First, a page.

In the Ms. Marvel comics, Kamala Khan has a specific set of powers. She can shape her body at will. She can flatten herself to be paper thin to sneak into the smallest crevices. Or make her fist the size of a small car. In the Ms. Marvel TV series, however, Kamala Khan’s Ms. Marvel powers seem to have been changed from the comics. At this point, Kamala Khan exhibits a power set similar to Captain Marvel with some tenets of her comic powers. The light that emanates from Kamala can be hardened and shaped to look like elongated limbs or enlarged fists. So, why did Kamala Khan’s comic powers change for the Ms. Marvel show? Let’s take a deeper look at the powers of Ms. Marvel in both the comics and the TV show for answers.
How Ms. Marvel Got Her Comic Powers
So how did Ms. Marvel get her powers in the first place? In Ms. Marvel (2014) #1, Kamala Khan was on her way back from a party she snuck out to attend. A strange green Terrigen mist surrounded her, turning her into Ms. Marvel… or at least the white and blond with blue eyes version that she desired to be. The Terrigen mist transformation happened because she’s an Inhuman, one of a race of humans with Kree (alien) blood who frequently had special abilities. This is the beginning of her dream superhero journey after being an Avengers fan for years.
Kamala’s powers in the comics were integral to her exploration of her identity. As she became more familiar with her rather freaky-looking powers, she also became secure and confident in being herself.
Ms. Marvel and Her Early TV Show Powers
In the MCU, Ms. Marvel gets her powers a little differently. During Ms. Marvel‘s first episode, we see Kamala find a bangle that belonged to her nani (grandmother). After adding it to her Captain Marvel cosplay at AvengersCon, Kamala Khan’s eyes glow and she ends up causing quite the onstage spectacle. So far in the Ms. Marvel TV series, Kamala’s MCU powers include shooting out almost crystal-like formations and enlarging parts of her body when necessary. Of course, this is all quite shocking to Kamala and her bestie Bruno.
In the show’s second episode “Crushed,” we learn a little bit more about why Kamala’s family history is something Muneeba wants to hide. Yusuf tells the story of Muneeba’s mother, who followed a “trail of stars” back to her father after she got lost on the train to Pakistan after Partition. Apart from changing the origins of Kamala’s powers from her being an Inhuman, the series drew a connection between her powers and the events of Partition, and how they triggered a change in Muneeba’s grandmother Aisha.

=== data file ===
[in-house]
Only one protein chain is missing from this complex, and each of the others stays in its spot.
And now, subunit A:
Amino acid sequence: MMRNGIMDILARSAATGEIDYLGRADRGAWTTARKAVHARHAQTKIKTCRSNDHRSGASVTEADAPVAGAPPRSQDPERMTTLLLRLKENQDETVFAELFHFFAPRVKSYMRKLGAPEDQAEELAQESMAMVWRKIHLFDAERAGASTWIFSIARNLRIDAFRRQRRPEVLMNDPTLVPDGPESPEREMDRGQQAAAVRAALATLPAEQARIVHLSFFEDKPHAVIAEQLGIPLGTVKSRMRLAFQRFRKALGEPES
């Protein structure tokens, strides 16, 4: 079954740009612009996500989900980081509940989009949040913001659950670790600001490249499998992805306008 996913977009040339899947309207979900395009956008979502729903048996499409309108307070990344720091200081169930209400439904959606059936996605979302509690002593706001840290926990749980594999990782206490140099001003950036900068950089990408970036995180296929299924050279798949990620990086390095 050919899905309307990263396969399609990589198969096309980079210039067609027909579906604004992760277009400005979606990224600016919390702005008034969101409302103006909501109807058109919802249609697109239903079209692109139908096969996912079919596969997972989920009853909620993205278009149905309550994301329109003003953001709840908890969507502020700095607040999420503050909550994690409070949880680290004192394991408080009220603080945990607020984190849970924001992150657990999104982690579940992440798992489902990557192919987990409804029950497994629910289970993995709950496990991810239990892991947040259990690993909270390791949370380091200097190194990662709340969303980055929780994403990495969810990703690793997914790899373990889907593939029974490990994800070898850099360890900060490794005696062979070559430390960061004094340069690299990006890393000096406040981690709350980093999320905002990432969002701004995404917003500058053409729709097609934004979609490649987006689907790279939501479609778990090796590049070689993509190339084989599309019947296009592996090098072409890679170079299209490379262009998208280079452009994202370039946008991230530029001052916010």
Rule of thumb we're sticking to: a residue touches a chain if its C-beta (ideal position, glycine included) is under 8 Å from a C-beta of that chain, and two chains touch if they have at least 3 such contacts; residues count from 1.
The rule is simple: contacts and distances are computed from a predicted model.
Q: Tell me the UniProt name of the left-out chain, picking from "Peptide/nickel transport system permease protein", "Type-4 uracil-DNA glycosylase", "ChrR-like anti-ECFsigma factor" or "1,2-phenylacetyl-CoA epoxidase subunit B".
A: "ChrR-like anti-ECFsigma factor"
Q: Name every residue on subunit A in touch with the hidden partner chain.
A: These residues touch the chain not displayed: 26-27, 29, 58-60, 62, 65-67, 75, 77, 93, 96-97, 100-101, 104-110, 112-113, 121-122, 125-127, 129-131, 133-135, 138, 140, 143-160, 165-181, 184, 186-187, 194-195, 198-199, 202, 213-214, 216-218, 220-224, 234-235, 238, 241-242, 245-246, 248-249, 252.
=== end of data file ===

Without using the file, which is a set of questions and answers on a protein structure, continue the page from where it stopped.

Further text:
So, Kamala’s powers are still connected to her identity but through her heritage. And it was heavily influenced by what her family went through during Partition when Kamala went back in time and helped guide Sana to her father. We also get to see a bit more of how her powers work. She can use her light to make hard stepping stones to run/jump across as well as bridge-like structures. And, she adorably calls it “hard light.”
Who Are the Djinn and How Do They Connect to Kamala Khan in Ms. Marvel?
Episode three really shows us what Ms. Marvel can do with her fledgling powers. And we learn a bit more about her great-grandmother’s past. It turns out Aisha as well as Kamran’s mother Najma (and a few of their associates) were from another dimension and wanted to use the bangle’s powers to get home back in the 1940s. They are called many names, but commonly known as the Clandestine in the Noor dimension and the djinn. In the Marvel Comics, the Clan Destine are a group of superpowered beings who were descendants of a djinn. It’s not clear now much the show will lean into that but it is a light reference at best.
According to Kamala’s dad, the djinn (also spelled jinn) are “supernatural beings of pre-Islamic folklore.” The djinn are sometimes called genies while others are demons. There is a legend of a group of hidden djinn who were exiled from their home and made to spend their days in our dimension. They move in shadows looking for the key—a primordial power—to get them home. Well, that’s certainly Najma and her associates, the djinn group who appears to be the villains in Ms. Marvel. (At least, for now.) And Kamala is in possession of the key.